Savings Reserve Account: A component of the unappropriated General Fund balance that is maintained as a reserve to address unanticipated events and circumstances such as natural disasters, economic downturns, threats to public safety, health, and welfare, and other emergencies. (G.S. 143C-4-2)
Self-Liquidating Debt: Debt obligations whose principal and interest are payable primarily from the earnings of enterprises for the construction or improvement of which they were originally issued.
Special Provisions: Language contained in the annual appropriations bill that sets forth legislative expectations and directives that govern the expenditure of funds and other requirements. Special provisions have the force of law and typically pertain directly to the budget and may be substantive, amending existing laws or creating new laws.
State Agency: A unit of the executive, legislative, or judicial branch of State government, including departments, institutions, divisions, commissions, boards, councils, and constituent campuses of The University of North Carolina. The term does not include a unit of local government or a public authority.
State Funds: Any moneys, including federal funds, deposited in the State treasury, except monies deposited in a trust fund or agency fund as described in G.S. 143C-1-3.
Special Revenue Fund: A fund used to account for revenue designated by law for a specific purpose; revenue deposited must remain in the fund until expended for that purpose.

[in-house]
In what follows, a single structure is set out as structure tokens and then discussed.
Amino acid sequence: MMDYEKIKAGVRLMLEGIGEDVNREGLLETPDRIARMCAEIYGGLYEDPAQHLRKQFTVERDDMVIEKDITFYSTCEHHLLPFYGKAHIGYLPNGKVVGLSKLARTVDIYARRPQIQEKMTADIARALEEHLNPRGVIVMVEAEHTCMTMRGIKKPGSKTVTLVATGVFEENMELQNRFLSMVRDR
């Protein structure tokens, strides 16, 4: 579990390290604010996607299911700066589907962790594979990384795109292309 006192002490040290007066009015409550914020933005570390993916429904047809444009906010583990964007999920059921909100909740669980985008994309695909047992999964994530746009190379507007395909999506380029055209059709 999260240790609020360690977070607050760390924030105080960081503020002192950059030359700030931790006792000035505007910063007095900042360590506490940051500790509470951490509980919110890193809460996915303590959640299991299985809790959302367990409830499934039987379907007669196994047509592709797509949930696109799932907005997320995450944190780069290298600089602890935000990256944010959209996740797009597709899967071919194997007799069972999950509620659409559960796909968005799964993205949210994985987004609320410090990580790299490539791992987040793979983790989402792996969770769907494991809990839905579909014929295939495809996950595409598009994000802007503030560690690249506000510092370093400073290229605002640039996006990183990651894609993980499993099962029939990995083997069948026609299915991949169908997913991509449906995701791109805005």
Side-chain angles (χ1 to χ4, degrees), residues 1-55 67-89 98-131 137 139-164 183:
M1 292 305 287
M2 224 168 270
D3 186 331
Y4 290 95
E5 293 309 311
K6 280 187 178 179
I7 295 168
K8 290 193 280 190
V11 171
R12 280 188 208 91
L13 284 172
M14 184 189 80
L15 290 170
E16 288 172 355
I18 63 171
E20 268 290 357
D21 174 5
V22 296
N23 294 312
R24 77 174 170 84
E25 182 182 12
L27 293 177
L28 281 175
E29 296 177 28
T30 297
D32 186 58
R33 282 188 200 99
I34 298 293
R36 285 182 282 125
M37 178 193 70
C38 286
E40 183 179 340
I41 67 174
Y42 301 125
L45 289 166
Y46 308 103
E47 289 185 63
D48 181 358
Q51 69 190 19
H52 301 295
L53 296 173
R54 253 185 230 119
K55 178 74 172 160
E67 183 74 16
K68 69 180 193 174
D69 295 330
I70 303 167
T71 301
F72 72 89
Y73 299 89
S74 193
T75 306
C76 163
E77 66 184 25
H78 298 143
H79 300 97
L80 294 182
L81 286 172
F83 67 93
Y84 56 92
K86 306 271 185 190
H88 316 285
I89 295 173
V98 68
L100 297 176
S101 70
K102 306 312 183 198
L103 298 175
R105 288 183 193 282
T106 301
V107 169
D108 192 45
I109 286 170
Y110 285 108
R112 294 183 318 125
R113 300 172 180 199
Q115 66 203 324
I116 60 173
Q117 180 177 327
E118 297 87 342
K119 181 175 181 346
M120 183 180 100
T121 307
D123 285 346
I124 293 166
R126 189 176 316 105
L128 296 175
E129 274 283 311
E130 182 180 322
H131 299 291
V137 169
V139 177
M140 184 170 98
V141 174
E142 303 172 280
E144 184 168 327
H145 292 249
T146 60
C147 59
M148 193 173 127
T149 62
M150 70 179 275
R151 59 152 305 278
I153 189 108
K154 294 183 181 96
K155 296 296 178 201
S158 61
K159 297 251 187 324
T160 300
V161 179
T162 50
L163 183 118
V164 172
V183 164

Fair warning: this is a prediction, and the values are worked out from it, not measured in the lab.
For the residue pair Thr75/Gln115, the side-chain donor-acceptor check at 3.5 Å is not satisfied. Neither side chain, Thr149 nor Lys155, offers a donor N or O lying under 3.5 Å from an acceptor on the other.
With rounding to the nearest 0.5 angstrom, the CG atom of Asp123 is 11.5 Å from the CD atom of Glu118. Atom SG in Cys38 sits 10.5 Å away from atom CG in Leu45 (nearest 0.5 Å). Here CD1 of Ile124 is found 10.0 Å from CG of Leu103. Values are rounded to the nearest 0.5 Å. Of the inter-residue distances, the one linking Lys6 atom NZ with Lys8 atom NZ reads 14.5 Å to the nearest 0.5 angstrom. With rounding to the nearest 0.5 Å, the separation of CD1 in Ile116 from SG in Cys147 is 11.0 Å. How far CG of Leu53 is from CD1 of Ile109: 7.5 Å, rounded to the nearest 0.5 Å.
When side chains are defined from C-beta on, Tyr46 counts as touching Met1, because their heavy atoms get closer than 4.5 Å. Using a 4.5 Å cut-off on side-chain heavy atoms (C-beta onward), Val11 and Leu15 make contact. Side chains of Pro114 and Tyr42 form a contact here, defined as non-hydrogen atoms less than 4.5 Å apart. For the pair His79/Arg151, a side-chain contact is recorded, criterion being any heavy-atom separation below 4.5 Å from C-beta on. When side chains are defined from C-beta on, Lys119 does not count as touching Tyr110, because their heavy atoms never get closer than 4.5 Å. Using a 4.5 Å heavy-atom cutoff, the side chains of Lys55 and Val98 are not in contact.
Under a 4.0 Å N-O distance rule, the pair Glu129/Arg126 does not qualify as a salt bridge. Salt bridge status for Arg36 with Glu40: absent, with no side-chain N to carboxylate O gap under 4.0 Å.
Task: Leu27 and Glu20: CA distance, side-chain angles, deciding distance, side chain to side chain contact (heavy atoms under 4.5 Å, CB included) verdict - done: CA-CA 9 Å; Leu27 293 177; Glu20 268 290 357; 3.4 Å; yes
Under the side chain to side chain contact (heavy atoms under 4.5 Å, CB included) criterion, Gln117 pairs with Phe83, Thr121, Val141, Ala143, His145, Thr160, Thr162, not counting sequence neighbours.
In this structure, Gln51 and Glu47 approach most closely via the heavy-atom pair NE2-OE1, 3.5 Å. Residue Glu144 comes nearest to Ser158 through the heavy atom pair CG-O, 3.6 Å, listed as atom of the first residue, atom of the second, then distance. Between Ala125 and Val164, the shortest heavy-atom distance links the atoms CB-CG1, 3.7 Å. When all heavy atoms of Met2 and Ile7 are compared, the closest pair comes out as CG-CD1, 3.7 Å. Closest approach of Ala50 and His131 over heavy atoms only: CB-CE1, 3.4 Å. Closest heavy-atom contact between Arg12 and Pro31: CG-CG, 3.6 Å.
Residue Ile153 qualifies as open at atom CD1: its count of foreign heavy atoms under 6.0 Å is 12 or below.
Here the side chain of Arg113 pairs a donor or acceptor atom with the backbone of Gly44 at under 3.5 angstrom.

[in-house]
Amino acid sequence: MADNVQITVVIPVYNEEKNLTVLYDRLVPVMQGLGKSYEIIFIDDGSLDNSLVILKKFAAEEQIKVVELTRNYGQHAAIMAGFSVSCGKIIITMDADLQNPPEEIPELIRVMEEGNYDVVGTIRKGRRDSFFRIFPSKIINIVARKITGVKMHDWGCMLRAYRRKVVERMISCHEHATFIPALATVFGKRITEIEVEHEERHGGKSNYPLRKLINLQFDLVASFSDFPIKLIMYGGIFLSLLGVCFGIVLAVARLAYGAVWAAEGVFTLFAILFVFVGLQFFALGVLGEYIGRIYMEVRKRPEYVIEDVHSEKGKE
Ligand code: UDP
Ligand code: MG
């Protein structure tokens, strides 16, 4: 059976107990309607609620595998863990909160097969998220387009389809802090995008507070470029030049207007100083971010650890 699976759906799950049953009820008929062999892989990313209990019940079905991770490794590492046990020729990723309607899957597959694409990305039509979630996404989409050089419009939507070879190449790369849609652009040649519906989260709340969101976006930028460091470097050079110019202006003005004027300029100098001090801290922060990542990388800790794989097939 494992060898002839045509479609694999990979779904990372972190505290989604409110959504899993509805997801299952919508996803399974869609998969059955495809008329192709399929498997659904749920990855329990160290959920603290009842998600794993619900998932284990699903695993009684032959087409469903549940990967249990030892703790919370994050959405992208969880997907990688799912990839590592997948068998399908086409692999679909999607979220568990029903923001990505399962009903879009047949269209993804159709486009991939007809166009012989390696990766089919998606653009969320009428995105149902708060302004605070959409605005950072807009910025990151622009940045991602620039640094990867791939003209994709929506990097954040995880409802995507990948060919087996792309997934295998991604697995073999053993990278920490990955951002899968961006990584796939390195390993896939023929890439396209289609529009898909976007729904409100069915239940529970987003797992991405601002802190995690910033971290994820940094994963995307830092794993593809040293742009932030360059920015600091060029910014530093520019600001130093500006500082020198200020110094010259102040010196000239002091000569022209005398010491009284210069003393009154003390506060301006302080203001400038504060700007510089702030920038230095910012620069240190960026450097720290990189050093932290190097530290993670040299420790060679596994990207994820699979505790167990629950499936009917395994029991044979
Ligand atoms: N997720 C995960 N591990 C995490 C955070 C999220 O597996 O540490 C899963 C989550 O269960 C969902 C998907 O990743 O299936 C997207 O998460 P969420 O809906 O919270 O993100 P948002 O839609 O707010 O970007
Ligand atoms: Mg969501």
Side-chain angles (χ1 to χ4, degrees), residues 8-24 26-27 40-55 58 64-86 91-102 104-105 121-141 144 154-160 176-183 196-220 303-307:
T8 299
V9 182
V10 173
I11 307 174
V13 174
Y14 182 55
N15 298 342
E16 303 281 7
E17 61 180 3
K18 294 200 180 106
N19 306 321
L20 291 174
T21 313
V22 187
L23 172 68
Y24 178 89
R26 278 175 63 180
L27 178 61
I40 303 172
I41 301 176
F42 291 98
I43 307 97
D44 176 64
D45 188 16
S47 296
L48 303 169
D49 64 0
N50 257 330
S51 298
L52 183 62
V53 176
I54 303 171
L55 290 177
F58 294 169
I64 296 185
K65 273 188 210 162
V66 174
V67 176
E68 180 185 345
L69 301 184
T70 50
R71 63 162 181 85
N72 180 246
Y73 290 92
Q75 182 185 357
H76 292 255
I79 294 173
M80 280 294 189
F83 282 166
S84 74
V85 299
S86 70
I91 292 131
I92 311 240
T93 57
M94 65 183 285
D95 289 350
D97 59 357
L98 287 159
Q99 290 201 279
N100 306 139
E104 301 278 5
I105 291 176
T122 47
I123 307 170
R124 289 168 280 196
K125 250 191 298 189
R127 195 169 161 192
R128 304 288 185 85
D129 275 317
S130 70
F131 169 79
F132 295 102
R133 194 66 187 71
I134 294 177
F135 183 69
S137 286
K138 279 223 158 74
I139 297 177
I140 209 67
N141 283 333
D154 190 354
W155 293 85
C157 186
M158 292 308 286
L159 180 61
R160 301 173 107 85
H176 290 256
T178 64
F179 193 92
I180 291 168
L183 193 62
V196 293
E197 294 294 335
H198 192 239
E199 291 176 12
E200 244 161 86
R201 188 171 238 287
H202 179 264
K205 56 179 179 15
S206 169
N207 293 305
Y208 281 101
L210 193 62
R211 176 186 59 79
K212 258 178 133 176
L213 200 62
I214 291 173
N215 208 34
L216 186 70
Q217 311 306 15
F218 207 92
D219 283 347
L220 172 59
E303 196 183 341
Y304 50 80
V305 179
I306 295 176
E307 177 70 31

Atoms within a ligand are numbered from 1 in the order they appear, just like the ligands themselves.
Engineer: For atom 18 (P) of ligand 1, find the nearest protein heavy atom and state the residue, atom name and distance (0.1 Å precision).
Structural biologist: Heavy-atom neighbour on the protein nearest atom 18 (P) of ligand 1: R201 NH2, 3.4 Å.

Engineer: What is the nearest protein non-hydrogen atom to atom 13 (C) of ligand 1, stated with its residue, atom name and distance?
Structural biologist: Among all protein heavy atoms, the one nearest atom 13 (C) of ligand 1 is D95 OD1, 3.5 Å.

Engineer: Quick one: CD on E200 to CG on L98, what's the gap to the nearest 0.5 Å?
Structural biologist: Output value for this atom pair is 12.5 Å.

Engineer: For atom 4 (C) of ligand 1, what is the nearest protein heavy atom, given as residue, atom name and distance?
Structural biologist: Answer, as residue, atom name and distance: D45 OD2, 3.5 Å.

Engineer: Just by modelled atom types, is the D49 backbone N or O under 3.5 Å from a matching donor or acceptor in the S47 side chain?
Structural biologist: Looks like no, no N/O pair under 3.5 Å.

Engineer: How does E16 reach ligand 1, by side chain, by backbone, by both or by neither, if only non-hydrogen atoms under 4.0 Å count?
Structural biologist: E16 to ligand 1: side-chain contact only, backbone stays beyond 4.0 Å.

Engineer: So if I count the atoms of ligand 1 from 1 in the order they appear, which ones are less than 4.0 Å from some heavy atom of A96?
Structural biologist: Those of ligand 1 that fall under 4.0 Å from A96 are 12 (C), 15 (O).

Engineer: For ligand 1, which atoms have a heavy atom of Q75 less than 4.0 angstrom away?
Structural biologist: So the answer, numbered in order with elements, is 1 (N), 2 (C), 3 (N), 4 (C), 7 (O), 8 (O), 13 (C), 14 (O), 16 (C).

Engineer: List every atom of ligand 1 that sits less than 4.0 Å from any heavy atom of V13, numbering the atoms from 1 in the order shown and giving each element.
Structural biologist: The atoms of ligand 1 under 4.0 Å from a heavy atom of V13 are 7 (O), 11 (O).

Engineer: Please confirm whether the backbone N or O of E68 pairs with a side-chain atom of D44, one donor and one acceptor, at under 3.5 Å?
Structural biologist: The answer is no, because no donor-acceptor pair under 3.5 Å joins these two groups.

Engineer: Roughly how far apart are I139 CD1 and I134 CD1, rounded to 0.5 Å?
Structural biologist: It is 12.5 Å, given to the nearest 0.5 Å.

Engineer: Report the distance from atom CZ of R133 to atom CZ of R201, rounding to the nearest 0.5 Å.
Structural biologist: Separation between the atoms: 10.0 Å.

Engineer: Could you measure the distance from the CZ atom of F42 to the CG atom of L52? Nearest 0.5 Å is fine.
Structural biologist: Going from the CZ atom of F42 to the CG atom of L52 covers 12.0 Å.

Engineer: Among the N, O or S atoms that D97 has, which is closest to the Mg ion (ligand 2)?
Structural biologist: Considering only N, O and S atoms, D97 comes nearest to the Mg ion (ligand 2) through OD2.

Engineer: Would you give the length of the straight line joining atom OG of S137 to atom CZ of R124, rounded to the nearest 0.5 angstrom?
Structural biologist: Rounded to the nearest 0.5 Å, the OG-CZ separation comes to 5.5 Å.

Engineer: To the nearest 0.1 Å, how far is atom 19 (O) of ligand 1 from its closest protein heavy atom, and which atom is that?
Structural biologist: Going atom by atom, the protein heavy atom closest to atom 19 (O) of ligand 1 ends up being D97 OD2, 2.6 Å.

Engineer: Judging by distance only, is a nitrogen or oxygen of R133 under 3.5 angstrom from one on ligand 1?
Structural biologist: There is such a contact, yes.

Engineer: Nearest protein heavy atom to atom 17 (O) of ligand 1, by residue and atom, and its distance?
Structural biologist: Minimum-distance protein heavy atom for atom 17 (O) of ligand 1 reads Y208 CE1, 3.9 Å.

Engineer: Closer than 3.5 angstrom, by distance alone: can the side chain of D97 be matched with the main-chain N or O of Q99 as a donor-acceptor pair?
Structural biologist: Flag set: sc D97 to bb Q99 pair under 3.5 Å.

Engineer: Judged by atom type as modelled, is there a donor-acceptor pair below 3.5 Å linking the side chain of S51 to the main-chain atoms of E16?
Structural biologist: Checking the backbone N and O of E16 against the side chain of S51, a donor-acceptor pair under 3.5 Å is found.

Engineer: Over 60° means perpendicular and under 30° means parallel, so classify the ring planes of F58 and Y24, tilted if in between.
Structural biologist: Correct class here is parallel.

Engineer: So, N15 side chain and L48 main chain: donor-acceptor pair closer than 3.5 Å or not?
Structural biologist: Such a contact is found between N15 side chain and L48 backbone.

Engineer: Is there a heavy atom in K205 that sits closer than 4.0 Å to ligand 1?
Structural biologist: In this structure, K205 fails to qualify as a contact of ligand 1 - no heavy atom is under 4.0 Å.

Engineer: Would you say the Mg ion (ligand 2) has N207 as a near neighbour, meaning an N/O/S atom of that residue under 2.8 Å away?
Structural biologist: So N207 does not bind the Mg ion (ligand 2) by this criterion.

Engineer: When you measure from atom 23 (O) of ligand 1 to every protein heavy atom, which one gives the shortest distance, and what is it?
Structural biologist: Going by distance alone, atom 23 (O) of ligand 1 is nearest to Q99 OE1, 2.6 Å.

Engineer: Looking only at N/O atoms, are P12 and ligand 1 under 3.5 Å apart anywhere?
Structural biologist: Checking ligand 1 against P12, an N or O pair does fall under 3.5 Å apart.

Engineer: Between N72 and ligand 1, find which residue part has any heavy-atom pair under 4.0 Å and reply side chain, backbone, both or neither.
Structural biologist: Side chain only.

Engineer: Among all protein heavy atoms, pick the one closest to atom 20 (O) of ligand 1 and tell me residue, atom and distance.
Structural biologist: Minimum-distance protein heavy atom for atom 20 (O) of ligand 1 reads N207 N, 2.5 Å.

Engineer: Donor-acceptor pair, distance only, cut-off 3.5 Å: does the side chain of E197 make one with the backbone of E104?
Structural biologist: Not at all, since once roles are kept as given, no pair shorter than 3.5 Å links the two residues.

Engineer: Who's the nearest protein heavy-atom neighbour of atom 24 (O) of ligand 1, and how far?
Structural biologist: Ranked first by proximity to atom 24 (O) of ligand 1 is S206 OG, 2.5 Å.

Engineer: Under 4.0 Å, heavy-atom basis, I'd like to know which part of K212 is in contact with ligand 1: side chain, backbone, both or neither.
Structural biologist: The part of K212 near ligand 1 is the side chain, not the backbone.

Statutory Appropriation: An appropriation that authorizes the withdrawal of funds from the State treasury during fiscal years extending beyond the current fiscal biennium, without further act of the General Assembly.
Subject to the Human Resources Act (EHRA): A designation (previously referred to as SPA) for government positions that are subject to Chapter 126, the State Human Resources Act and the policies, rules and procedures adopted by the State Human Resources Commission.
Tax Expenditures: Revenue that the State foregoes through the provisions of State law that allows (1) deductions, exclusions or exemptions from the taxpayers’ taxable income, (2) deferral of tax liability, or (3) preferential tax rates.
General Fund Availability: The sum of the beginning General Fund unreserved fund balance, various general purpose taxes such as sales and income tax, and nontax revenue including judicial fees and interest income.
Total Source of Funds: All funding sources including the General Fund’s general purpose revenue and agency revenue, special fund revenue (such as gasoline taxes or sale of fishing licenses); and enterprise fund revenue as certified by the Office of State Budget and Management.
(Total) Requirements: The total cost associated with a proposed expenditure of funds regardless of source of funds. Total requirements – departmental receipts = net General Fund appropriation. (See also departmental receipts and net General Fund appropriation.)
Unreserved Fund Balance: The available cash balance in a fund effective June 30 after excluding documented encumbrances, unearned revenue, federal grants, statutory requirements, and other legal obligations. Beginning unreserved fund balance equals ending unreserved fund balance from the prior fiscal year.
Veto: An act by the Governor to reject an entire legislative measure. Article II, Section 22 of the NC Constitution provides the Governor with authority to reject or veto a bill, including the budget, enacted by the General Assembly.